Contract does not cover lifetime water service payments
NEWBURG — A proposal to provide a permanent water source for four Newburg families whose wells were compromised by seepage from the old Whitetail mine falls short of what the families want.
And town officials don’t like it either.
When a representative from Lexington Coal Co. approached them with a proposal in June, Melissa Simons said they refused to sign it.
Simons, whose parents, Roger and Brenda Simons, had their well compromised by the mine, said the State Department of Environmental Protection (DEP) brought papers for them to sign up for Newburg water.
She said according to the proposal, Lexington Coal would only pay for the water line and the $150 hook up, but the families whose wells were destroyed would be responsible for the monthly water bills.
Earlier, Brenda Simons said the homeowners didn’t want to pay for water from the town. She believed Lexington should cover that cost because the company was to blame for the well contamination.
“We would like free water from our town for life. We can’t drink the water that is delivered; it has sulfur in it. We have been buying (water) to drink and to cook with. The water (Lexington Coal has delivered) from Pennsylvania only helps with not staining the toilets and shower, our clothes and doesn’t mess our washer up,” she said.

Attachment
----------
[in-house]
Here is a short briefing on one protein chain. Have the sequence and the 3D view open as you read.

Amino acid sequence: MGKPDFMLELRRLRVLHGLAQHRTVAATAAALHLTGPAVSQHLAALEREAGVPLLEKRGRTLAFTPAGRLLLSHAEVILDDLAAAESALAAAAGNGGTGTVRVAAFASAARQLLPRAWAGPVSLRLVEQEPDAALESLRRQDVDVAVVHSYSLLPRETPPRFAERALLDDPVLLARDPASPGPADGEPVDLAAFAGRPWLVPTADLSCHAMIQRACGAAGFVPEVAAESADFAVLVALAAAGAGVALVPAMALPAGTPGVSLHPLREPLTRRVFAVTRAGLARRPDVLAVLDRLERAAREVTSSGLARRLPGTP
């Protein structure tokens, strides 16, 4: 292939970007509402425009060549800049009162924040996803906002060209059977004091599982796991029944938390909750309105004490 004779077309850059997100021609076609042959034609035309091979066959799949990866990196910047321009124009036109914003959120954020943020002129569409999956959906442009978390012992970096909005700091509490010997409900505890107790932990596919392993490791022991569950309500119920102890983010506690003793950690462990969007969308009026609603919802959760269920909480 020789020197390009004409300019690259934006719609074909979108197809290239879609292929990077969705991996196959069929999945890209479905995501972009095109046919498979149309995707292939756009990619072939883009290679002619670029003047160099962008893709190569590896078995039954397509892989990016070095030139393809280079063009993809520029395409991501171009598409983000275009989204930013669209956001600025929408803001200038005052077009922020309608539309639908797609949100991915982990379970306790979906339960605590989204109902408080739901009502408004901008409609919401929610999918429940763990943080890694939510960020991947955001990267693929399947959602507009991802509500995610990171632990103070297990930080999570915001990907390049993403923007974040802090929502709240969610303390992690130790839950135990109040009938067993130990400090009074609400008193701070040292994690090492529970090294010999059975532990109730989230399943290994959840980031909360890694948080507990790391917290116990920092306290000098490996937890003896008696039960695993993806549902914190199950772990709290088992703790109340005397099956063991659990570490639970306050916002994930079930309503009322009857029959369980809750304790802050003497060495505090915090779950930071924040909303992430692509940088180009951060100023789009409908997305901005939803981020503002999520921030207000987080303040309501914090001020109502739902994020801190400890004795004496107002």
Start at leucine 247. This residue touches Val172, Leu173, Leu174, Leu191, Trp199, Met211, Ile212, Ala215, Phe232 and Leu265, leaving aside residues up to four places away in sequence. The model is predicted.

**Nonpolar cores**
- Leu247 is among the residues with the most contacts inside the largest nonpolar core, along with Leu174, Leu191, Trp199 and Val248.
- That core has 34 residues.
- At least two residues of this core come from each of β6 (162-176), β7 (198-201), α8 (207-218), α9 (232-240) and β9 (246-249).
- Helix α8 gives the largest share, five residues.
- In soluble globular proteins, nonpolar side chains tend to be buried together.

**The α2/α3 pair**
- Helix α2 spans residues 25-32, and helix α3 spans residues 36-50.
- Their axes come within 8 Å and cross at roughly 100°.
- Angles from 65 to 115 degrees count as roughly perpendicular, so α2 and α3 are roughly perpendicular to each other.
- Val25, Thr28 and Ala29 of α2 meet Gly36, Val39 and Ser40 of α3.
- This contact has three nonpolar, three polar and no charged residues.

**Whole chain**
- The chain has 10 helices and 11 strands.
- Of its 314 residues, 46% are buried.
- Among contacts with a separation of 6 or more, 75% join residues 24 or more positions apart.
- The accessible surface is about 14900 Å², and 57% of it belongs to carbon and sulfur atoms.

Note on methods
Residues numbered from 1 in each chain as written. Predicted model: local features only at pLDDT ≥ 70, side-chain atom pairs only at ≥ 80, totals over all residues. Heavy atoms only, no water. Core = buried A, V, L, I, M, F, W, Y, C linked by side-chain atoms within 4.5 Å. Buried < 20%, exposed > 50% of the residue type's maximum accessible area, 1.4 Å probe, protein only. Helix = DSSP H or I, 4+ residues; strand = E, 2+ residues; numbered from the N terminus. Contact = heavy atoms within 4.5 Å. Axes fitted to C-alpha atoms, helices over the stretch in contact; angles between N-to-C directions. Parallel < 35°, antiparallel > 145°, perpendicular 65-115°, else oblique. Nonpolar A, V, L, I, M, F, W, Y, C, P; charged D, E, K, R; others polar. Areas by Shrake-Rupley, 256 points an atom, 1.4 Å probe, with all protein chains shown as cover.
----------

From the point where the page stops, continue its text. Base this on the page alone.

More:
In 2019, water from Lexington’s closed deep mine seeped into wells that provided drinking water for the Simonses and three other families.
The four families filed complaints with the DEP. The complaints were investigated and the DEP ordered Lexington Coal Co. to provide an emergency drinking water supply within 24 hours, provide a temporary water supply within 72 hours and within 30 days begin activities to establish a permanent water supply or submit a proposal outlining the measures and timetables to be used in establishing a permanent supply, according to DEP Complaint Investigation Reports.
Newburg officials were not happy with the proposal either.
Sheila Williams, attorney for the town of Newburg, has said she sent the proposal back to Lexington because parts of it were unclear.
“I spoke with Lexington’s attorney, and it sounded like Newburg was selling water to Lexington,” Williams said.
The town also wanted to have a representative on site where Lexington is putting in the water lines. Once the project is completed it will be turned over to the town of Newburg.
“I don’t know if the lines will even go to the houses,” Williams said, referring to the homes of the families whose wells were ruined.
She said if Lexington is not going to pay the water bills for the families as new customers they will have to sign an agreement to pay for town water for three years.
Williams said she has had no further updates on the project from Lexington Coal.
“I talked with the mayor (Newburg Mayor Edgar Fortney) recently and he hasn’t heard anything either,” she said.
Lexington Coal did not reply in time for this story.